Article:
The standard 2D induction welding process is limited to flat joints. A recent research project enhanced the standard process and adapted it to an industrial robot system. Thanks to this newly developed three-dimensional welding process, complex and curved parts can be joined with a high degree of automation and a quality control system. In contrast to the two-dimensional process, it is the components to be joined that are fixed, and the mobile welding unit is guided by a robotic system. Large and heavy components can thus be welded using a suitable handling system such as articulated or gantry robots. The surface temperature of the component is measured continuously for weld quality control, and the temperature profile is used to indicate quality problems, e. g. insufficient heating or gaps in the welding susceptor.
Figure 3 (a) shows the robotic welding system and Figure 3 (b) shows the main elements of the welding unit, that integrates the heating and consolidation steps. For continuous joints, rollers are used. In case of spot welds, these can be changed to stamp tools. The system can weld different joint configurations. If the components to be joined are supported by a surface, only the upper consolidation roller is used. When there is no direct support, a second roller is available as counterpart. These different consolidation modes allow welding in positions that are difficult to access. An example can be seen in Figure 4. The bumper support is joined from two thermoformed half shells, showing different seam types.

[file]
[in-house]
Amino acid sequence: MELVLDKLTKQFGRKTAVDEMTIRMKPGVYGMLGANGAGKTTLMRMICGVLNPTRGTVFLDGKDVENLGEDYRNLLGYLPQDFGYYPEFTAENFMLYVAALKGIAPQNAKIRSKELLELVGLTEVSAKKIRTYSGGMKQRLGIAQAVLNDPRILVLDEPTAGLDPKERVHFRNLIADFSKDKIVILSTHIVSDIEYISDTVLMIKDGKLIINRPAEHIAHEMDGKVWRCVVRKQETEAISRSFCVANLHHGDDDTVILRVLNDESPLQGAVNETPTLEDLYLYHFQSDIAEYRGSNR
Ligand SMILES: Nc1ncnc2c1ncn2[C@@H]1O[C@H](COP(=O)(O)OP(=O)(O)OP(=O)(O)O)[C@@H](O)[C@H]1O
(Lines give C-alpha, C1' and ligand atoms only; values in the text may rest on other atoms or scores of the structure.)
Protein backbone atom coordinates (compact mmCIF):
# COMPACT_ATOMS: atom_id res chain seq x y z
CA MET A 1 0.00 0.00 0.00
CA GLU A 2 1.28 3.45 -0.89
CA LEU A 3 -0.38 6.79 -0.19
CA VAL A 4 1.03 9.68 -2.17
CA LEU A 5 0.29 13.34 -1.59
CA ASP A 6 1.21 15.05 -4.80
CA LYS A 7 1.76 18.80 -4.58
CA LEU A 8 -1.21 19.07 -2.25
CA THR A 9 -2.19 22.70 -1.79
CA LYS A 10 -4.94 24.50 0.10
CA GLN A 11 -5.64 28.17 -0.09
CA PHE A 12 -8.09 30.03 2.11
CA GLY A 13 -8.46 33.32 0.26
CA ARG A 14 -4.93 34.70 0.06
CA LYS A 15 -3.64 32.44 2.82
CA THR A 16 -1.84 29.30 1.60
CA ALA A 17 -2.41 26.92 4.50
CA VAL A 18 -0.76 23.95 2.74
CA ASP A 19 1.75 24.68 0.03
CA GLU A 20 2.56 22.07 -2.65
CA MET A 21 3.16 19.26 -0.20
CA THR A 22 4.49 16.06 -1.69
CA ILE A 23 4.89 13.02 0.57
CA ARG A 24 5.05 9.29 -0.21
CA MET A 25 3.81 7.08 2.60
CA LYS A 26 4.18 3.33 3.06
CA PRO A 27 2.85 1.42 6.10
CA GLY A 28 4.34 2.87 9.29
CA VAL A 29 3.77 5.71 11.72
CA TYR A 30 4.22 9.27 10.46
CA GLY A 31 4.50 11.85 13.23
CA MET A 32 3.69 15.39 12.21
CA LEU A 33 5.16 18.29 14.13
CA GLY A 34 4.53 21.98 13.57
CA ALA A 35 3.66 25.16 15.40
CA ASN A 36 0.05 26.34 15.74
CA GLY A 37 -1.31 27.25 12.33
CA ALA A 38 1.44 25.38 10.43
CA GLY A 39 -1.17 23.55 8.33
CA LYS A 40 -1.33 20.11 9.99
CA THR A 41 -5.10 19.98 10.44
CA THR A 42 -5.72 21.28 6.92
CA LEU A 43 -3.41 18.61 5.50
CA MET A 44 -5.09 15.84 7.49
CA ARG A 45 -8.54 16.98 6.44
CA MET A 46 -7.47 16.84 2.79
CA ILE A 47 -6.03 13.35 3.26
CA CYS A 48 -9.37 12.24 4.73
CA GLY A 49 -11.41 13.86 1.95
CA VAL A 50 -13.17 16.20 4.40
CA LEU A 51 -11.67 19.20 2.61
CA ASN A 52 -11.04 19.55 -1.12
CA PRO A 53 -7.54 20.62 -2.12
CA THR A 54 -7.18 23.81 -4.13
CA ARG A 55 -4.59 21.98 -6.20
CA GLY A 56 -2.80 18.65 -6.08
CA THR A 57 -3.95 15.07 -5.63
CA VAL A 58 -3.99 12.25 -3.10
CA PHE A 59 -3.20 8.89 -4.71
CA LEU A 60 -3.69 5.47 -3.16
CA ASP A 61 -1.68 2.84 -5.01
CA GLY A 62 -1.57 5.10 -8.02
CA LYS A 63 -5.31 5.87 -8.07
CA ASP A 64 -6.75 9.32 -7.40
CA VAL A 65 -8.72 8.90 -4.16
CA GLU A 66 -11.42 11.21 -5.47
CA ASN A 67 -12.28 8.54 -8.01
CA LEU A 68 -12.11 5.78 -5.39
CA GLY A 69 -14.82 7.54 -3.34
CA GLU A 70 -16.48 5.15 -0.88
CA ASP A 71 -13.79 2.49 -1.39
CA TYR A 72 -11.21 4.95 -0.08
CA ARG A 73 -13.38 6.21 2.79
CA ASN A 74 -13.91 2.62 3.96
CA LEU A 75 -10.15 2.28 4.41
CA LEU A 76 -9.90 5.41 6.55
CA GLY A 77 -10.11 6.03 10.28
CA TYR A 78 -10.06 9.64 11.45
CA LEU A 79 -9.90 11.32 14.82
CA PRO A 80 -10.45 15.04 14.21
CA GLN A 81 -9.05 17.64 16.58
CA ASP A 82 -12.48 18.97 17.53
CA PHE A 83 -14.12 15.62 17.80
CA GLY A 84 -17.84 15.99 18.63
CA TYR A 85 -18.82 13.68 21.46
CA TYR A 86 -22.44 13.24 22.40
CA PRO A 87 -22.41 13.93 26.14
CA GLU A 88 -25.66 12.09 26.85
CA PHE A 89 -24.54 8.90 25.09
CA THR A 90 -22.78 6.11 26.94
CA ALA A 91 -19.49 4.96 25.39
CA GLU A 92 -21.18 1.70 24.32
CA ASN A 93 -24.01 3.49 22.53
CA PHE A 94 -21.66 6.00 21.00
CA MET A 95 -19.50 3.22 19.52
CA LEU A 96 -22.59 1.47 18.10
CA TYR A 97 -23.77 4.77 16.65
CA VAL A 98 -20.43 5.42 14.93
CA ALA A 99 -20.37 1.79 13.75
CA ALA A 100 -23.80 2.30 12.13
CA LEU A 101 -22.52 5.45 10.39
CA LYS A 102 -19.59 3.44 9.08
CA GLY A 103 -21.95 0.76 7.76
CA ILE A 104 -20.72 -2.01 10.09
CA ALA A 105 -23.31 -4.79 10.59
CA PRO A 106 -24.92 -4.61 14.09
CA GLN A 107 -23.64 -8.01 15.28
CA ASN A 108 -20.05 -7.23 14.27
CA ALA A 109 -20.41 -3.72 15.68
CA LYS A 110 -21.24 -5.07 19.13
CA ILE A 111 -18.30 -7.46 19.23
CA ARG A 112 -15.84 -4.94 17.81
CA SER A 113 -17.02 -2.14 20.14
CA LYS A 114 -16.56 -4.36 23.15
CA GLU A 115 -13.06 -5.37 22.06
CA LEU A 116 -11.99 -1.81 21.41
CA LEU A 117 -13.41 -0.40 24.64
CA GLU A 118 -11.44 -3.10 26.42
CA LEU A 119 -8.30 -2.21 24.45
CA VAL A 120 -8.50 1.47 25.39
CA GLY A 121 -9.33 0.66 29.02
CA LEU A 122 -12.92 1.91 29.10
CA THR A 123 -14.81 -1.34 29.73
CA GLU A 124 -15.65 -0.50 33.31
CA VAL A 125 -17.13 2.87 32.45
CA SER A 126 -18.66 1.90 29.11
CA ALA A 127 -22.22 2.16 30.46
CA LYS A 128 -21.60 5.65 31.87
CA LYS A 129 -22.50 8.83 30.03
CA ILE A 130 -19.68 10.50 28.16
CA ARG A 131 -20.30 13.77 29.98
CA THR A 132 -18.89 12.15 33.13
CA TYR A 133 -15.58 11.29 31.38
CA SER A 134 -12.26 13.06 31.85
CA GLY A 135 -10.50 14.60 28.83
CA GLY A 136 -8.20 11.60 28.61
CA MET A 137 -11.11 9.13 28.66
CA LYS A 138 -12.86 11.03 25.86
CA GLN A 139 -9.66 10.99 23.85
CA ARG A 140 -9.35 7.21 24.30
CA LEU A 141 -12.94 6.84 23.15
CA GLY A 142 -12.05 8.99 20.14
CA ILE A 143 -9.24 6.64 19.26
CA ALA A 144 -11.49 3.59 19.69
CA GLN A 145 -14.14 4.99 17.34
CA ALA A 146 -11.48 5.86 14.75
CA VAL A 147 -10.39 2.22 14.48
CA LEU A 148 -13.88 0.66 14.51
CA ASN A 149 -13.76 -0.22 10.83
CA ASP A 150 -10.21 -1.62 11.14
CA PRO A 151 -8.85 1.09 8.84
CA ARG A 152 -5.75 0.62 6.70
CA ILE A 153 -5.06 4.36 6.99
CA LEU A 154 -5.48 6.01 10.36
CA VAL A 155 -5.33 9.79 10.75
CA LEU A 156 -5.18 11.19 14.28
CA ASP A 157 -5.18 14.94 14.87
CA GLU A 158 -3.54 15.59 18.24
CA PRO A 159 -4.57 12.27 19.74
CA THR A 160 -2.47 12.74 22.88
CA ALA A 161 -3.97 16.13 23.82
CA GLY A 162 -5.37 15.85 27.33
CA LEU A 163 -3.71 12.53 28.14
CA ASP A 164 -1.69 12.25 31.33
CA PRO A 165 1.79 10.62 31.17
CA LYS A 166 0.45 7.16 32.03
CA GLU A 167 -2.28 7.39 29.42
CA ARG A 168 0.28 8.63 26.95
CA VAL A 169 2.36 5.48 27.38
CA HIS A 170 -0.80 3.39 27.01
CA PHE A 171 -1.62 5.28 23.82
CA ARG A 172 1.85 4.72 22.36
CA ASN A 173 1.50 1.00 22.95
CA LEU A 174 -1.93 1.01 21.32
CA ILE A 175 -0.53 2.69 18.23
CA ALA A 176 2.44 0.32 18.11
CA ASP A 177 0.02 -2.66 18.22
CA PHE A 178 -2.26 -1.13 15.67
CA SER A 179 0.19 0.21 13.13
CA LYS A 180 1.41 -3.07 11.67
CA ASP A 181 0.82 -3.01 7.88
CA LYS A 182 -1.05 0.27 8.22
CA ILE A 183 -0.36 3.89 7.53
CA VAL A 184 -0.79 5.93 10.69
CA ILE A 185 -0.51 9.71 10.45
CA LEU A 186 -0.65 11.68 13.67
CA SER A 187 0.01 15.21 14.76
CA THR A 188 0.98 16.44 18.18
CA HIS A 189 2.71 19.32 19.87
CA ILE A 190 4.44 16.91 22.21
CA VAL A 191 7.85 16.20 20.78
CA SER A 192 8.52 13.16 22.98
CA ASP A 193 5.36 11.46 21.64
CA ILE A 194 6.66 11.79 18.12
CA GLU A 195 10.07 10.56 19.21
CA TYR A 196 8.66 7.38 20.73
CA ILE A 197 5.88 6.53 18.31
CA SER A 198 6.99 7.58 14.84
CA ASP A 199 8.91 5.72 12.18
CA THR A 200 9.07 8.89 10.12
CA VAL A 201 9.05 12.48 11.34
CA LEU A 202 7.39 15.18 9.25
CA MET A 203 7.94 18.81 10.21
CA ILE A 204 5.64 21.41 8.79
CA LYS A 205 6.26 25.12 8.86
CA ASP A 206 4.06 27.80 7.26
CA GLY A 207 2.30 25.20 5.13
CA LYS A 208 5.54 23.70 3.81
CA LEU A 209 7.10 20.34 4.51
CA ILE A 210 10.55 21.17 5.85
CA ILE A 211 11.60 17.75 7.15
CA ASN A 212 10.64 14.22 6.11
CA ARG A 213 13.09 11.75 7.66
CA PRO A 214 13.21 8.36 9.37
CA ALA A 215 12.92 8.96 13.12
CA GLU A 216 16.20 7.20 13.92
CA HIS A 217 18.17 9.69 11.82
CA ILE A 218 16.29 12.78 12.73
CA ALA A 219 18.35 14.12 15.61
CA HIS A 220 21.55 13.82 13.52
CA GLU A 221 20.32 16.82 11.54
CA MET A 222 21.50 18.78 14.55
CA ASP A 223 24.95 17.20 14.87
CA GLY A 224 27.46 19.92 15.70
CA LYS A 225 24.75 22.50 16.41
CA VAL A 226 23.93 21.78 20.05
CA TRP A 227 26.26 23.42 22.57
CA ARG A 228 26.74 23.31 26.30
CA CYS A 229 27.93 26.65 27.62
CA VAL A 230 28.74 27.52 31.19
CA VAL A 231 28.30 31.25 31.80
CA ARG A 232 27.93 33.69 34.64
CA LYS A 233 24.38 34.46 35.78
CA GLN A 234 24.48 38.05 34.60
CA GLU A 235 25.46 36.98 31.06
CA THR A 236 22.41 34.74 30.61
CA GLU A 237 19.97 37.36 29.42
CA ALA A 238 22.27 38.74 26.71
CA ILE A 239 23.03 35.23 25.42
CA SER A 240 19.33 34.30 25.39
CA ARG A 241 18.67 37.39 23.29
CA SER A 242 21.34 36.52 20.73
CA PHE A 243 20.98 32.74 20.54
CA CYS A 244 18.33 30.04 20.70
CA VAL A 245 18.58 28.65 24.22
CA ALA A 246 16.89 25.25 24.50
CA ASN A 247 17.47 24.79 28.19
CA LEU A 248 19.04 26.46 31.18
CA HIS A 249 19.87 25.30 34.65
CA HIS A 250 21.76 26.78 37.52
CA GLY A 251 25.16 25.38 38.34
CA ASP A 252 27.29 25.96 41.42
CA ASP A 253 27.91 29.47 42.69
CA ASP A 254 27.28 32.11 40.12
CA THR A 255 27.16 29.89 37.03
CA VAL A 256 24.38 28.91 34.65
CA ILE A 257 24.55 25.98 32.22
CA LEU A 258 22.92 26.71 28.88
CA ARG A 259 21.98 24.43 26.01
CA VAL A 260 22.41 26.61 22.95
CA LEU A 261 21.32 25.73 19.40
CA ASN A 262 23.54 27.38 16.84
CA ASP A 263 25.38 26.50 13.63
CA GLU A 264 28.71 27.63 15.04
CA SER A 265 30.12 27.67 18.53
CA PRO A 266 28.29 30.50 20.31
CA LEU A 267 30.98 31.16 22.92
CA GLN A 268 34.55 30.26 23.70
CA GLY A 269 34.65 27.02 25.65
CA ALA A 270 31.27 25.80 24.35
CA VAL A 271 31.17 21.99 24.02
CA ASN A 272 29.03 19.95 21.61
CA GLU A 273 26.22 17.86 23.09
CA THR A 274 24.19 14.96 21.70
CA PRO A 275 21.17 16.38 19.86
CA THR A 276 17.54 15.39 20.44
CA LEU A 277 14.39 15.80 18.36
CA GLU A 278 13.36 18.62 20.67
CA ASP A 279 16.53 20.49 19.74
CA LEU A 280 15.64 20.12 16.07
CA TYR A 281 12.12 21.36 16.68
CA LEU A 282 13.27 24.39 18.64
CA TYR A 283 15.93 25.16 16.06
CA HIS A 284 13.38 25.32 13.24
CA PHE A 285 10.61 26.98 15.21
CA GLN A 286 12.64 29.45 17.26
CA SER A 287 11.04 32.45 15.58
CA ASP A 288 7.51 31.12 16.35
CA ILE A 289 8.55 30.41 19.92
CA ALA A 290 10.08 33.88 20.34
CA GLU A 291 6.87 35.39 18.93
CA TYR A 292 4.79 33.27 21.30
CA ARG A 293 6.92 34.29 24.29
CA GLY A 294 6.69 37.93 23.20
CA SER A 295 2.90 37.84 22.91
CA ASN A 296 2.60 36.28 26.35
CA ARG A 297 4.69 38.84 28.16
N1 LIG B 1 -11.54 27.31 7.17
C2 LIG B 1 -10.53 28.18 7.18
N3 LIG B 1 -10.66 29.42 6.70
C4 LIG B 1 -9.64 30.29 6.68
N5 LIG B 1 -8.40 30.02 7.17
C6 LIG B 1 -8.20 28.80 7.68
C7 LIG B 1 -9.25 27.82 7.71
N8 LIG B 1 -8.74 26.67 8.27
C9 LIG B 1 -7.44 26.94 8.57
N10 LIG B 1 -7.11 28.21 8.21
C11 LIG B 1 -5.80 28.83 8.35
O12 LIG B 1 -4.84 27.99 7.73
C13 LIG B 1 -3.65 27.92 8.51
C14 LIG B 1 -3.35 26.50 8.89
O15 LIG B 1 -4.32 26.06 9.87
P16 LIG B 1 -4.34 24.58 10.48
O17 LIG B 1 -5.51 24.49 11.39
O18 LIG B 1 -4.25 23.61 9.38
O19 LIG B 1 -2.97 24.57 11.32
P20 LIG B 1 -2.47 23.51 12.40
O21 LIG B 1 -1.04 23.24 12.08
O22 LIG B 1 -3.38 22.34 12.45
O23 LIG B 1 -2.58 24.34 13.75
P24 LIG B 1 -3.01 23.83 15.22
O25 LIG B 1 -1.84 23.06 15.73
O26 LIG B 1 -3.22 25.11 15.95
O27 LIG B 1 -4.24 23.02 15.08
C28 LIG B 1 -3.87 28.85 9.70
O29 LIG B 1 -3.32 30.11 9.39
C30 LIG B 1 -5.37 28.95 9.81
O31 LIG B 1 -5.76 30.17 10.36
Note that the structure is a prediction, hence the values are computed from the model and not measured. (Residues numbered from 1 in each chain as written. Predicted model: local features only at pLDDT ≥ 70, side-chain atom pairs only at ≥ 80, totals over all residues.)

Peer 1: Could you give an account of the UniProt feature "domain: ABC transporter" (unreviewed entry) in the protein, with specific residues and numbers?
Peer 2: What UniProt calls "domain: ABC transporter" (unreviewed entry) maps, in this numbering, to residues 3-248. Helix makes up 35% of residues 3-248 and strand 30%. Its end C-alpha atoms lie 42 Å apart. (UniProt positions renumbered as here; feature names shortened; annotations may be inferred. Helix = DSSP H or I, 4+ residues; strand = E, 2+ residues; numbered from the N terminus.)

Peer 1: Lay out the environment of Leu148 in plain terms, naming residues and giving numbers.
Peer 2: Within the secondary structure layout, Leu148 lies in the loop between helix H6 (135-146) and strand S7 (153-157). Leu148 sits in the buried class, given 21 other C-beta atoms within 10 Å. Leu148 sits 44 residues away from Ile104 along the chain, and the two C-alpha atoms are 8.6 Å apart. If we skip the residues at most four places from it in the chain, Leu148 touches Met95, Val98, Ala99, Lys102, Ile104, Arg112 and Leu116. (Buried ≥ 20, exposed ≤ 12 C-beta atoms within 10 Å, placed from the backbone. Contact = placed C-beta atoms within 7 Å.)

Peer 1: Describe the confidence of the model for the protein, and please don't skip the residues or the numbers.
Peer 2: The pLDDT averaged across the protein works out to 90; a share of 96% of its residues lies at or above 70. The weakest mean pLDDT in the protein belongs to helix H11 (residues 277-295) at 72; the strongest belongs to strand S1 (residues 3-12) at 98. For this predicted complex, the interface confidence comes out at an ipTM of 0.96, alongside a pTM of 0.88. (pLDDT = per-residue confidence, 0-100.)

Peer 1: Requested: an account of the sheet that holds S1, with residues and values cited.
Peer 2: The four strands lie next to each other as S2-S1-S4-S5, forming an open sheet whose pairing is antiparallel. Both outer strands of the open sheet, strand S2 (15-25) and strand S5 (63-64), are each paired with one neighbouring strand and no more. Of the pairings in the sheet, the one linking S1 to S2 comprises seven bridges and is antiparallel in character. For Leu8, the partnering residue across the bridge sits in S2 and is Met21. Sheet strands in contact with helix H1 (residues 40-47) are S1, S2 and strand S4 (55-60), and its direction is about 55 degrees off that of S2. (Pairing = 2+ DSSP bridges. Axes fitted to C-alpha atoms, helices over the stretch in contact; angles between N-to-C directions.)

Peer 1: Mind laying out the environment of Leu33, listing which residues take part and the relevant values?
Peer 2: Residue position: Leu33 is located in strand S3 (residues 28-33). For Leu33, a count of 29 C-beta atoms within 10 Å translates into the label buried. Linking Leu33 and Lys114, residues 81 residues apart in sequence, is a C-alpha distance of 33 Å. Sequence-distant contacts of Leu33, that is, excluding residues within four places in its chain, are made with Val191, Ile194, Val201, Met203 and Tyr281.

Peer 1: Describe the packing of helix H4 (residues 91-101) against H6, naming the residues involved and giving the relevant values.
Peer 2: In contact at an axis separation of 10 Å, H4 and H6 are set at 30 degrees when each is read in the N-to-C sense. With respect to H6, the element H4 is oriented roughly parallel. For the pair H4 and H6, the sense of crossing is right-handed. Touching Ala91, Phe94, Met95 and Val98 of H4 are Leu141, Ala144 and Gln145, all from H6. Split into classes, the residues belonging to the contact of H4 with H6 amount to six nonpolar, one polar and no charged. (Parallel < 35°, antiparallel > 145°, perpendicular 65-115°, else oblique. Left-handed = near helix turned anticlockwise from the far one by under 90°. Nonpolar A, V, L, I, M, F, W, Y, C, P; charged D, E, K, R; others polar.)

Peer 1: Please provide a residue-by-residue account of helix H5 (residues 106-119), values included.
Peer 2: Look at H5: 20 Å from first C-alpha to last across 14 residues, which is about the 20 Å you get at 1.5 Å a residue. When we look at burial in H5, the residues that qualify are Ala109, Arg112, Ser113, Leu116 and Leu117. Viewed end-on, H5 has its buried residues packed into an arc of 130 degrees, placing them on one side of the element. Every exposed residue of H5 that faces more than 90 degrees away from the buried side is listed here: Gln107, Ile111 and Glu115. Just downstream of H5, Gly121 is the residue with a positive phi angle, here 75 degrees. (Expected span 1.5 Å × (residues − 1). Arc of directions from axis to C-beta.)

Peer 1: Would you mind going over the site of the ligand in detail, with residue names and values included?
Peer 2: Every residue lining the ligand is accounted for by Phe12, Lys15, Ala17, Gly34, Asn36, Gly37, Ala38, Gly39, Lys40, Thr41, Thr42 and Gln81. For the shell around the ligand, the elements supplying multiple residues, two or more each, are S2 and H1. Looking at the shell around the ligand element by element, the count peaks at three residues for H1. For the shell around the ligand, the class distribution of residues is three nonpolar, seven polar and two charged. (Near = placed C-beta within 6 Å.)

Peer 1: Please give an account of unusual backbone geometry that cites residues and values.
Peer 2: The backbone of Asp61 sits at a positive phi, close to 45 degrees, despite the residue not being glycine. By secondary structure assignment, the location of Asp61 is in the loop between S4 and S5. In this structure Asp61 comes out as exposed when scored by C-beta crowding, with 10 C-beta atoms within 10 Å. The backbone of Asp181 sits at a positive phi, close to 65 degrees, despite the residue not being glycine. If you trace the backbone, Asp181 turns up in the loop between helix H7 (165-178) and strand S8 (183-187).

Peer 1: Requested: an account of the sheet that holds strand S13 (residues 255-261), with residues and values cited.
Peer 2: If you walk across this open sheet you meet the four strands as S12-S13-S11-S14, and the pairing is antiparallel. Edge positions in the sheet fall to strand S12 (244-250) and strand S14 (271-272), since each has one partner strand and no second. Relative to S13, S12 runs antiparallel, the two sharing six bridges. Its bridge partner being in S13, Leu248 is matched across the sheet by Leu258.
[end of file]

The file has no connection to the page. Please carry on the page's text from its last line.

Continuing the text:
An example of induction-welded, aviation-certified material is presented in Figure 5. Here, the T-stiffener was joined from two thermoformed L-profiles. The cross-sectional morphology shows a homogeneous bond line of good quality.
Conclusion and outlook
Robotized induction welding of thermoplastic fibre-reinforced composites was successfully adapted to an industrial robot. The system is capable of welding different materials and geometries. A quality control system is integrated, allowing continuous quality evaluation and process documentation.
The compact design and the use of an automated handling system allow a reproducible production of complex geometries with curved seams that are difficult to weld with other technologies. The weld is produced sequentially by a generic tool, so that product variants can be produced by reprogramming the system without the need for re-tooling. This is advantageous for components with numerous variants and short product life cycles. Future work will include process modelling and the development of enhanced welding susceptors.
The authors would like to thank the partners within the project “Wirtschaftliches Fügen von Faser-Kunststoff-Verbundstrukturen mittels induktiver Erwärmung unter Einsatz flexibler Handhabungssysteme”: Bond- Laminates GmbH, Brilon, Jacob Composite GmbH, Wilhelmsdorf, KUKA Systems GmbH, Augsburg, Institute for Manufacturing Technology and Production Systems, University of Kaiserslautern, all from Germany. This work was supported by the Bundesministerium für Bildung und Forschung (BMBF) within the project “Forschung für die Produktion von morgen” (02PB2030) and is supervised by Forschungszentrum Karlsruhe (PTKA), Bereich Produktion und Fertigungstechnologien (PFT).